Do you have children? If so, you probably have heard the comment, "Mom, can I cook with you?". We are usually reluctant because we know that is will take extra time and create more of a mess. Really, most of us just want to get in there and get the job done.
If we do opt to teach our kids some skills in the kitchen, I fear it is more along the lines of slice and bake cookies, mixing up a box of mash potatoes, or microwaving a packaged dinner. No? Okay, perhaps I'm a bit cynical when it comes to this stuff. Honestly, I can only remember that I had made cookies before going off to college and getting married. And we ate at home a lot!
If you want your child to learn to cook from scratch, start by having them work along side with you. Most of my girls started with things like peeling carrots or potatoes, stirring, and a bit of measuring. Then they would work up to completing a couple of steps in a recipe while I looked on. When I noticed their coordination skills were fairly good, I allowed them to use a knife under supervision. This depends on the child. One of mine couldn't be trusted with a knife until she was nearly 12! Another is using one at 7 (however, I am VERY watchful and I do not allow her to cut some items that would be too risky).
They really get excited when they make the meal themselves - well, when they make 80% of it anyway... which is really an accomplishment and understandable that they feel so proud. We always make a big deal about it at the table and comment on how good it tastes. Here are a few shots of Moira's first meal on her own, Split Pea Soup:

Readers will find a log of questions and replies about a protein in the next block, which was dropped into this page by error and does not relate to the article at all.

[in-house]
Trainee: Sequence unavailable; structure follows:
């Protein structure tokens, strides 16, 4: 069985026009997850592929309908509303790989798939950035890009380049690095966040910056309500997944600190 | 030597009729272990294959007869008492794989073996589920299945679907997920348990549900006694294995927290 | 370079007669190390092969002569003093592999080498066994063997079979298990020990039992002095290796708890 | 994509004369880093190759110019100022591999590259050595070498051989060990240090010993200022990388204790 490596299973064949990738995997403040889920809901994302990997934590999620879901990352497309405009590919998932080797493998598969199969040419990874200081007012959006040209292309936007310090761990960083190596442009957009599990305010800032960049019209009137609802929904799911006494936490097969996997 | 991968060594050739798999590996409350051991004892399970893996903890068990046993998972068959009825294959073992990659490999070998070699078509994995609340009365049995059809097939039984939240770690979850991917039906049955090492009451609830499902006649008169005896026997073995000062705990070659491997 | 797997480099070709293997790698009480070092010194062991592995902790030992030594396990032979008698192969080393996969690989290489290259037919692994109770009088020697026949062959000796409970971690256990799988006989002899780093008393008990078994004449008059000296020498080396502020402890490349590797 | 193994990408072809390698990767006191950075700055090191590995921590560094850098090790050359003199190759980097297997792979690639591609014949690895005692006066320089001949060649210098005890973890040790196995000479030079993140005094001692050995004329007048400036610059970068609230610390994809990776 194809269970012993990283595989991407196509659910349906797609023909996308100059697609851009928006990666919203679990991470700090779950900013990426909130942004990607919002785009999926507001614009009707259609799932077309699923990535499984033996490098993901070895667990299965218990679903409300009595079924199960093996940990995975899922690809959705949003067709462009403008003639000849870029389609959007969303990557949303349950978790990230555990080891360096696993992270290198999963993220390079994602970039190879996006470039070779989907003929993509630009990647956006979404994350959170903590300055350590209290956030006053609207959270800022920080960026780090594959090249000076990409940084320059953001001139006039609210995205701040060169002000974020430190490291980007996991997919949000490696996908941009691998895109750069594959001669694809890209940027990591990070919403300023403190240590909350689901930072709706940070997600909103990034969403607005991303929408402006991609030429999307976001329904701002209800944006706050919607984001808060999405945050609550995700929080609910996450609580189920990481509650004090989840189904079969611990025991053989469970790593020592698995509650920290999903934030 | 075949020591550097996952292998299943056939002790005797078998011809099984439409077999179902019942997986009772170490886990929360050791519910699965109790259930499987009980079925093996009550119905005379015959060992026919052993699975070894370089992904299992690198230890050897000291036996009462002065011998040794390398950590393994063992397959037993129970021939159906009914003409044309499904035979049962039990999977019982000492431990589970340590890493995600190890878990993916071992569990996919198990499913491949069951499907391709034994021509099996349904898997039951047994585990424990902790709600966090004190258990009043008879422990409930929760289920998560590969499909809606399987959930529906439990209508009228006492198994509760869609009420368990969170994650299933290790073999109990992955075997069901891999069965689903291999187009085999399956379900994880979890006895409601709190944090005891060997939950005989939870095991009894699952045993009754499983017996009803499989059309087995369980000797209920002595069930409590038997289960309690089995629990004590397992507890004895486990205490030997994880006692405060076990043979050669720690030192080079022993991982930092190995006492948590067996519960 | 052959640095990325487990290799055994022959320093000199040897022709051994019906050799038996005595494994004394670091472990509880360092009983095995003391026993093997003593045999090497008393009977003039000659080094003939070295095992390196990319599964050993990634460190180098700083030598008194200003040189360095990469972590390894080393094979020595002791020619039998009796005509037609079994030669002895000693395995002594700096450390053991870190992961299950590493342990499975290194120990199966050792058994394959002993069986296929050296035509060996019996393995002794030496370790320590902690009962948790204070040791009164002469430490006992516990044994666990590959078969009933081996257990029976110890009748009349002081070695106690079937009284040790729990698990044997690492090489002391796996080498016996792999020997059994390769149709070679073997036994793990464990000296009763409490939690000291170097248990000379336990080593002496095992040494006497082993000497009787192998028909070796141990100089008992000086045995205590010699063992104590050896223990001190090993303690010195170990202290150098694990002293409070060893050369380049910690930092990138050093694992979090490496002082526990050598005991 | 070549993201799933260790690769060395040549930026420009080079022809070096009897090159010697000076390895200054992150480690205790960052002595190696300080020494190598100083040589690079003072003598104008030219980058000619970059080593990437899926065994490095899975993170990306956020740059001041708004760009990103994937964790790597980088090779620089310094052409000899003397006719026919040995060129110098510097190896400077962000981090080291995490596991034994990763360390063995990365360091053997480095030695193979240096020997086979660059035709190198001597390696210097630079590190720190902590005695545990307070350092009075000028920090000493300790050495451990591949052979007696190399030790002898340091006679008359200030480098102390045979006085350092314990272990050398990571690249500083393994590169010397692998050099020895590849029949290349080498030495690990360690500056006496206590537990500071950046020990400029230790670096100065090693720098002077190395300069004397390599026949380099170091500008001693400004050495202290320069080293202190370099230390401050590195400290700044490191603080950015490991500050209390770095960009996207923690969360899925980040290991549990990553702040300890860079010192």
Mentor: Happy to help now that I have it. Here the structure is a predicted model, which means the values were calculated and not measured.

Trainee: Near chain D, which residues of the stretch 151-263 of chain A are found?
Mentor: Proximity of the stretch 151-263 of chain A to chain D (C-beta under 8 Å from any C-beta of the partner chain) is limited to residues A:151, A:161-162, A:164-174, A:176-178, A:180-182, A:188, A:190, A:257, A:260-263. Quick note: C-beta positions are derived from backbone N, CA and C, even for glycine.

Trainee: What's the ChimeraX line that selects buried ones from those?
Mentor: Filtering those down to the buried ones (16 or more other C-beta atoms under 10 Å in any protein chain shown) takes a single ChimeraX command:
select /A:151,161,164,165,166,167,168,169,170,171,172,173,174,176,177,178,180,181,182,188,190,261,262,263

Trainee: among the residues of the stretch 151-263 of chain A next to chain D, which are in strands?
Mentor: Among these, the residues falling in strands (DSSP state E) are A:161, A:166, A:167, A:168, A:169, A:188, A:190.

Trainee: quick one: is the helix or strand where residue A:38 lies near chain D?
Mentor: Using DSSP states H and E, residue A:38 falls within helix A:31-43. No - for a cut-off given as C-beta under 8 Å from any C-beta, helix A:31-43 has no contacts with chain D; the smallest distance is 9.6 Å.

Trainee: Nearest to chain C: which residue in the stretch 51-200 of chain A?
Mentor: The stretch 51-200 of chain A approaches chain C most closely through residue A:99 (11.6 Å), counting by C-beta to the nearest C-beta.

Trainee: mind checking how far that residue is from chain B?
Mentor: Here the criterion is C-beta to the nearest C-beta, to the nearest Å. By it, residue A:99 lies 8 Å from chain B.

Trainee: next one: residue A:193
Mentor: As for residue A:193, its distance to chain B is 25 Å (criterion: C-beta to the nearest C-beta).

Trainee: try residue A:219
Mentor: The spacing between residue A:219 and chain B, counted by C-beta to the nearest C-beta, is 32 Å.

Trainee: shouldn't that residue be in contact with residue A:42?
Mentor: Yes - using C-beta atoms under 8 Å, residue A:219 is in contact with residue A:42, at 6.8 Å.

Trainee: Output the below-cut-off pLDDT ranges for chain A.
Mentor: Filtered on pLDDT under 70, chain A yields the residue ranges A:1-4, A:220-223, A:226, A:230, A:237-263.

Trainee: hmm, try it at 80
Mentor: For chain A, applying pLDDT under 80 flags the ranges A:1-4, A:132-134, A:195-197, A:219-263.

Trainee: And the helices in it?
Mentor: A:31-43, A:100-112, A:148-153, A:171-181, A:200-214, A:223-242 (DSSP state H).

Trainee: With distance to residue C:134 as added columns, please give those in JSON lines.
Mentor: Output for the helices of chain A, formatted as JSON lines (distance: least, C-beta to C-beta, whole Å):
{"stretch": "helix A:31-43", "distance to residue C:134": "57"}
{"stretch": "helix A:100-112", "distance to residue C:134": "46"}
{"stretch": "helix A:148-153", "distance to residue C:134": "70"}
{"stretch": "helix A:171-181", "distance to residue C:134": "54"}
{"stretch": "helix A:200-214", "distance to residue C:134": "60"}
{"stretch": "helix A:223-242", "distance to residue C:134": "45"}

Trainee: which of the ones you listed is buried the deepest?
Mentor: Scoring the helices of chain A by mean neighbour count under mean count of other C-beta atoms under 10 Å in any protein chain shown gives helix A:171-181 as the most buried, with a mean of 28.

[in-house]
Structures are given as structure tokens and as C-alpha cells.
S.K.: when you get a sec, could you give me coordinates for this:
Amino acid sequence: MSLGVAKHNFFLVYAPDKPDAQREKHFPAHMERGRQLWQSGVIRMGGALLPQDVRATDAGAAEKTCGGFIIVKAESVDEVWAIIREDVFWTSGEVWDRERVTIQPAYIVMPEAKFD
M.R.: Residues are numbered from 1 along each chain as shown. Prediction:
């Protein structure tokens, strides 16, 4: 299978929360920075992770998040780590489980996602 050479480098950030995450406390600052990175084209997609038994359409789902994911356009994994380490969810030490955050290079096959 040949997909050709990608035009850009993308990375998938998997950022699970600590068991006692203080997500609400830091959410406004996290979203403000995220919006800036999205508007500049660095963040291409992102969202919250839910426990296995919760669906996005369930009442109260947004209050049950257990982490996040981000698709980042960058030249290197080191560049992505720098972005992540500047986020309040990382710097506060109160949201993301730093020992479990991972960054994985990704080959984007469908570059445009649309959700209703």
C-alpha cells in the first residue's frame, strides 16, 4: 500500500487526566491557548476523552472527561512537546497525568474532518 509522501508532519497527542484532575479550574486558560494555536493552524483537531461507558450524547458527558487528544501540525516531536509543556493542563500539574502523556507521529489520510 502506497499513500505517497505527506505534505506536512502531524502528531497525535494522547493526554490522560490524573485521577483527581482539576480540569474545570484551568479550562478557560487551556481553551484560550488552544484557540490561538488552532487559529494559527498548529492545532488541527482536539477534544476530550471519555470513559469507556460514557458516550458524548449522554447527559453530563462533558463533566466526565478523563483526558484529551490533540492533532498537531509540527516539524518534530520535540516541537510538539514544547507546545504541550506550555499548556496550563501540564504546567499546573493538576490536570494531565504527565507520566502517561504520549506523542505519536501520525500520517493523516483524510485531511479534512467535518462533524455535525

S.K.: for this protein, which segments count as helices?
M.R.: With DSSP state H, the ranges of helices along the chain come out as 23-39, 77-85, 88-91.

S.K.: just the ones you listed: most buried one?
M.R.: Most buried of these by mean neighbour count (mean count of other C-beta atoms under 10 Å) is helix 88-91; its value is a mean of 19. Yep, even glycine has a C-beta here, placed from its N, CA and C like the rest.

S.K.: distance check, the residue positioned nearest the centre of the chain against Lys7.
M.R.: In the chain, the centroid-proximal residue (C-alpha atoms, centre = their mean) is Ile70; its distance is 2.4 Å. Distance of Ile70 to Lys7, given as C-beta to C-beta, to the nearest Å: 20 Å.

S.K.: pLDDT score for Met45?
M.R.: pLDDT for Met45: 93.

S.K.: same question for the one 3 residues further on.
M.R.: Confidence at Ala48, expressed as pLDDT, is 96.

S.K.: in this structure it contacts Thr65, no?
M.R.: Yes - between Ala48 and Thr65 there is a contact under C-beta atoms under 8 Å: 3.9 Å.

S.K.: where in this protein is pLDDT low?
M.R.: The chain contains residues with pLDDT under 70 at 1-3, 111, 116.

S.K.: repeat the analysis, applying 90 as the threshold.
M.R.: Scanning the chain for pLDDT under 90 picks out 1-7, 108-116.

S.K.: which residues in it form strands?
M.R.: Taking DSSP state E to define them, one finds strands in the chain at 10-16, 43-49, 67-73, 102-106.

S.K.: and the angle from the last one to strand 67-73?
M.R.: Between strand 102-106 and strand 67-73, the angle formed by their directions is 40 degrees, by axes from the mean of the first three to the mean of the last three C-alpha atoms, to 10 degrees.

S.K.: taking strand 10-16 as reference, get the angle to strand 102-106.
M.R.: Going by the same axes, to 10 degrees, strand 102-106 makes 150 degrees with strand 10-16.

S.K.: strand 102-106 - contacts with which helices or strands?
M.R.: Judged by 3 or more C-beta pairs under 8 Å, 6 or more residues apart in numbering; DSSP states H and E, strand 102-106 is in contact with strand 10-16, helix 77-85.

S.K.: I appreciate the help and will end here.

I found this great cookbook (Look and Cook by Tina Davis) for beginners that has real recipes like moms make; not the cutesy stuff that are just fun foods and mostly assembling pre-made items. I fell in love with it the second I saw it and purchased it for a Christmas gift a couple of years ago. It certainly doesn't hurt that she has added plenty of vintage charm and a couple of stories about herself! Filled with basic recipes, everything is from scratch including pudding, macaroni and cheese, pie crusts, etc. It doesn't have a ton of recipes, but by the time your child makes most of these, they will be ready for a regular cookbook anyway. (One exception that had a can of cream of mushroom soup was the Tuna Casserole recipe).
Here's a great website for kids that like to cook:
1. Allow for extra time. Usually about 1/2 an hour is sufficient.
2. Remind them to always wash their hands before beginning and often during preparation.
3. Teach them how to clean as they go. I usually like to start a sink of soapy water as I begin.
4. Instruct them in safety issues: stove, knives, steam, etc. As they get older and work more independently in the kitchen, they need to be aware of cross contamination of items such as chicken.
5. Talk a lot about what you are doing and why as you work. They won't remember all of it the first time, but if you make it a habit to cook with your children often, then they will begin to own these principles themselves.
6. Discuss nutritional values of various foods. This will help them make good choices for life as they get older. I've noticed that my oldest really appreciated this later in her teens!